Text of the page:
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Behavioural Neurology
Volume 25, Issue 3, Pages 165-184

Lexical-Semantic Variables Affecting Picture and Word Naming in Chinese: A Mixed Logit Model Study in Aphasia

Davide Crepaldi,1 Wei-Chun Che,2 I.-Fan Su,3 and Claudio Luzzatti1

1Department of Psychology, University of Milano-Bicocca, Milan, Italy
2Otorhinolaryngology Department, Taichung Veterans General Hospital, Taichung, Taiwan
3Division of Speech and Hearing Sciences, University of Hong-Kong, Hong-Kong, China

Received 16 March 2012; Accepted 16 March 2012

Copyright © 2012 Hindawi Publishing Corporation and the authors. This is an open access article distributed under the Creative Commons Attribution License, which permits unrestricted use, distribution, and reproduction in any medium, provided the original work is properly cited.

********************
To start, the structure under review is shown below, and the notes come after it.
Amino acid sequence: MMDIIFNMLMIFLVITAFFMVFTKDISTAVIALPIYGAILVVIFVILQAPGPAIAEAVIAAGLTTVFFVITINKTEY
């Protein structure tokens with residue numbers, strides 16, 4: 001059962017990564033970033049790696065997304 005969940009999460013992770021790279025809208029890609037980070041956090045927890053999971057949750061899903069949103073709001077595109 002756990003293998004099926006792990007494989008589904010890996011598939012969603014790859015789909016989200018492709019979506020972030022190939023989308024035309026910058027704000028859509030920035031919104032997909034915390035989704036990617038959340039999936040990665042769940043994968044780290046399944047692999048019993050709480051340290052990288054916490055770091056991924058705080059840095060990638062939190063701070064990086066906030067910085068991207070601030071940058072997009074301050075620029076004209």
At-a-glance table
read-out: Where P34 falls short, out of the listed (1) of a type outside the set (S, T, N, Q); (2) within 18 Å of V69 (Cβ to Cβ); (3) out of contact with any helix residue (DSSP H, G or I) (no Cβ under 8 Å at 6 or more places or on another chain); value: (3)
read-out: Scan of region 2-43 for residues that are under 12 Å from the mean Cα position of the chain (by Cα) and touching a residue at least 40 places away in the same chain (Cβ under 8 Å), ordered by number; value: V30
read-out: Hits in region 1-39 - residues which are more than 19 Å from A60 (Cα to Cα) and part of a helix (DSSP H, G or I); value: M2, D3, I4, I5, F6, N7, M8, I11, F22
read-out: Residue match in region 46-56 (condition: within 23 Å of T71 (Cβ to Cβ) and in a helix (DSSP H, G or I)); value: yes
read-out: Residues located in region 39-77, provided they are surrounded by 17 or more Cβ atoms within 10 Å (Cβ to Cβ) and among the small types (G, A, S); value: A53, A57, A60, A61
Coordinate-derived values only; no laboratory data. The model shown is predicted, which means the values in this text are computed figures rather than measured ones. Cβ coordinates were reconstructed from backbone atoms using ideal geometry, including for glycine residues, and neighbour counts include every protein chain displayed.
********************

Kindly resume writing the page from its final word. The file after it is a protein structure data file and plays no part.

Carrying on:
Lexical-semantic variables (such as word frequency, imageability and age of acquisition) have been studied extensively in neuropsychology to address the structure of the word production system. The evidence available on this issue is still rather controversial, mainly because of the very complex interrelations between lexical-semantic variables. Moreover, it is not clear whether the results obtained in Indo-European languages also hold in languages with a completely different structure and script, such as Chinese. The objective of the present study is to investigate this specific issue by studying the effect of word frequency, imageability, age of acquisition, visual complexity of the stimuli to be named, grammatical class and morphological structure in word and picture naming in Chinese. The effect of these variables on naming and reading accuracy of healthy and brain-damaged individuals is evaluated using mixed-effect models, a statistical technique that allows to model both fixed and random effects; this feature substantially enhances the statistical power of the technique, so that several variables–and their complex interrelations–can be handled effectively in a unique analysis. We found that grammatical class interacts consistently across tasks with morphological structure: all participants, both healthy and brain-damaged, found simple nouns significantly easier to read and name than complex nouns, whereas simple and complex verbs were of comparable difficulty. We also found that imageability was a strong predictor in picture naming, but not in word naming, whereas the contrary held true for age of acquisition. These results are taken to indicate the existence of a morphological level of processing in the Chinese word production system, and that reading aloud may occur along a non-semantic route (either lexical or sub-lexical) in this language.